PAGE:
Last year, North Carolina exonerated eight people in prison, and six of them were African American. The state data is part of a report from the National Registry of Exonerations. It examined national records and found that a majority of people determined to have been wrongfully convicted were African American.
Robert Dunham, the Death Penalty Information Center’s executive director says it’s part of North Carolina’s history of discrimination in the judicial system. He notes that eight of nine people exonerated since the death penalty was reinstated in the state were non-white.
“North Carolina exemplifies this discriminatory phenomenon, perhaps more than any other state,” he said. “And North Carolina has had a long history of race discrimination when it comes to murder convictions and the death penalty.”
In 2009, North Carolina lawmakers passed the Racial Justice Act, after a study concluded that race had been a factor in jury selection for people who’d been sentenced to death in the state. The RJA allowed people sentenced to death in North Carolina to have their sentences converted to life in prison without parole if they could prove race was a factor, but it was repealed in 2013.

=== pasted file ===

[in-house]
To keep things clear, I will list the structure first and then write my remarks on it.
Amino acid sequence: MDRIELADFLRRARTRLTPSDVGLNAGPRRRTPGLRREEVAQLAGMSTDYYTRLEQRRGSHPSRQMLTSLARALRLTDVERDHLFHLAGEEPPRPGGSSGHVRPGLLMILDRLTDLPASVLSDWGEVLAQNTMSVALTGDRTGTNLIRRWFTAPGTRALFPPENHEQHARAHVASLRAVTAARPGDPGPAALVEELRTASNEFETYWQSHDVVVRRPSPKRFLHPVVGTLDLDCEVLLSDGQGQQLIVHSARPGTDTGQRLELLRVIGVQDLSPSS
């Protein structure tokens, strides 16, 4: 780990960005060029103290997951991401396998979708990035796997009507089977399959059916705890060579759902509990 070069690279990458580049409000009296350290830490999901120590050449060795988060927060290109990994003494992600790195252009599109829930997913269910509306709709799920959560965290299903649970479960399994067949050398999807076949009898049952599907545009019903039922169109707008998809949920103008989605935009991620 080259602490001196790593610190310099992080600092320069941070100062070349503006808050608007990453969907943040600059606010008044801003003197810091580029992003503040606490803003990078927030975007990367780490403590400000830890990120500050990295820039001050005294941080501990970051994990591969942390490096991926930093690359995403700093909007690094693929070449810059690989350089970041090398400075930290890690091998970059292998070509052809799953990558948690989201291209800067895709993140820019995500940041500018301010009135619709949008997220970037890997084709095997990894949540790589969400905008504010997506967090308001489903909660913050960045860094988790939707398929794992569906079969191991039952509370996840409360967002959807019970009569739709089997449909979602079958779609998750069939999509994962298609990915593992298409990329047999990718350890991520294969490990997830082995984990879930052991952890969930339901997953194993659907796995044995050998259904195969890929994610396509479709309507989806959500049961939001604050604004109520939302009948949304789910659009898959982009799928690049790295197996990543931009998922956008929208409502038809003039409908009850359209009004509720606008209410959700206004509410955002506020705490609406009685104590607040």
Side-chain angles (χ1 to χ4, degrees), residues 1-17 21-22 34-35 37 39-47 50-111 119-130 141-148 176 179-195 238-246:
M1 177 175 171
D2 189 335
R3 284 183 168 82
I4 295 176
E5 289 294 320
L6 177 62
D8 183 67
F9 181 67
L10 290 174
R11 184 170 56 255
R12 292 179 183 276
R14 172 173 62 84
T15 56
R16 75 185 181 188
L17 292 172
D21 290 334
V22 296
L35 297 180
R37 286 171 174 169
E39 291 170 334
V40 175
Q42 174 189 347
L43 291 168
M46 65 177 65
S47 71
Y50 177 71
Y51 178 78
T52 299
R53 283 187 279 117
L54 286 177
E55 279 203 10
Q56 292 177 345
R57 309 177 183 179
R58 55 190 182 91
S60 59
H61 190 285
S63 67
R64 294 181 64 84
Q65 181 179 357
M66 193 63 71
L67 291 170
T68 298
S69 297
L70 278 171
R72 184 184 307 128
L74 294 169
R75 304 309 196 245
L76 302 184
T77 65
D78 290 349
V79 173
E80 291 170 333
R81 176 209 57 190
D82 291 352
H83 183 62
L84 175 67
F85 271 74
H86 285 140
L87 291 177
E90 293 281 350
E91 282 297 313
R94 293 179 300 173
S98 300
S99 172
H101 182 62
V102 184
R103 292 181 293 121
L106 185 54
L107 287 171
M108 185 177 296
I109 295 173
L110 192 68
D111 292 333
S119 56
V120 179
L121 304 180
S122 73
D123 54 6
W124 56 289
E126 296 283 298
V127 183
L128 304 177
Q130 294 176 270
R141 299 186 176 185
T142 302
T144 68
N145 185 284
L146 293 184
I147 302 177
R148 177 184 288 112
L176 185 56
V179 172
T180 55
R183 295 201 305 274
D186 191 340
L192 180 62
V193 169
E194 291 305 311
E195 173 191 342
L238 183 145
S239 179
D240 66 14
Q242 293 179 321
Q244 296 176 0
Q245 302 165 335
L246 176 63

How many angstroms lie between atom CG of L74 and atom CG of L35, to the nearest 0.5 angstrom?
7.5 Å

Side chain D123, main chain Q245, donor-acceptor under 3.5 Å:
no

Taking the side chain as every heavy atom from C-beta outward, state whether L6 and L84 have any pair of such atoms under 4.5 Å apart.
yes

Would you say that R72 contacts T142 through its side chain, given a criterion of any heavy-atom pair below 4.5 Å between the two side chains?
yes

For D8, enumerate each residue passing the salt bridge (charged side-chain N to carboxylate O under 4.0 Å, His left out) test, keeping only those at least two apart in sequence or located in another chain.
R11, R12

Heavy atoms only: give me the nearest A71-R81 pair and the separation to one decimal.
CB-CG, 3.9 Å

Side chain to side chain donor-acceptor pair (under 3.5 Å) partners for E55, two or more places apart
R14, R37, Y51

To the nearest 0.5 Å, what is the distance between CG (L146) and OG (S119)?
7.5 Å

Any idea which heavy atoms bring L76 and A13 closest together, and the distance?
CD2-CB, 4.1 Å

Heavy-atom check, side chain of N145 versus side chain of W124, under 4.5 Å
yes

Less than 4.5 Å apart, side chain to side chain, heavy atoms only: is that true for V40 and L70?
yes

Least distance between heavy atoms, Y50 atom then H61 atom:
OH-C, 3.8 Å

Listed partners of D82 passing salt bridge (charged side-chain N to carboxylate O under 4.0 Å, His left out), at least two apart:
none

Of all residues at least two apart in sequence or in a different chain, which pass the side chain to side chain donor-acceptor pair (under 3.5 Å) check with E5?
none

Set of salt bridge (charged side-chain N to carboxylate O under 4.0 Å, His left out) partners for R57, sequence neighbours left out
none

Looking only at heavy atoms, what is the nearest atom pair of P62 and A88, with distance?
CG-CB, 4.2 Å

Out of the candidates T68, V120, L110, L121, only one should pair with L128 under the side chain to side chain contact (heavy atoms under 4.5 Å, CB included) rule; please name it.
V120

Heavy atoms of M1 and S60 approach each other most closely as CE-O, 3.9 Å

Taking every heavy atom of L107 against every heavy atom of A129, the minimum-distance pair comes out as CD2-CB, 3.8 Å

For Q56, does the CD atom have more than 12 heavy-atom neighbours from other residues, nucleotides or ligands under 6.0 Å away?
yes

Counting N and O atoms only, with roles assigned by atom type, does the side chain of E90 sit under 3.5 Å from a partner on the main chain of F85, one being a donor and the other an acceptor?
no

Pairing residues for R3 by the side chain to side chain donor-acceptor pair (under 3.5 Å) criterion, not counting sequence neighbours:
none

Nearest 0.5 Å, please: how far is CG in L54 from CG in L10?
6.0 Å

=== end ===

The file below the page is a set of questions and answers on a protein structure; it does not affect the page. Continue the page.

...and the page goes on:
Dunham says the institutional racism illustrated in this national report and others prove what has long been suspected. Nationwide, the report says 166 people were exonerated, just last year.
“We no longer have laws that say blacks can be punished for something that whites cannot be punished for, but we do have practices that result in the disparate enforcement of the law,” he explained. “African Americans are treated more harshly by law enforcement.”
In further analysis, Dunham’s organization found that 84 percent of wrongfully-convicted death-row inmates who are black wait at least 26 years to have their sentences overturned. Comparatively, it took 10 years or less for 69 percent for people who are not black.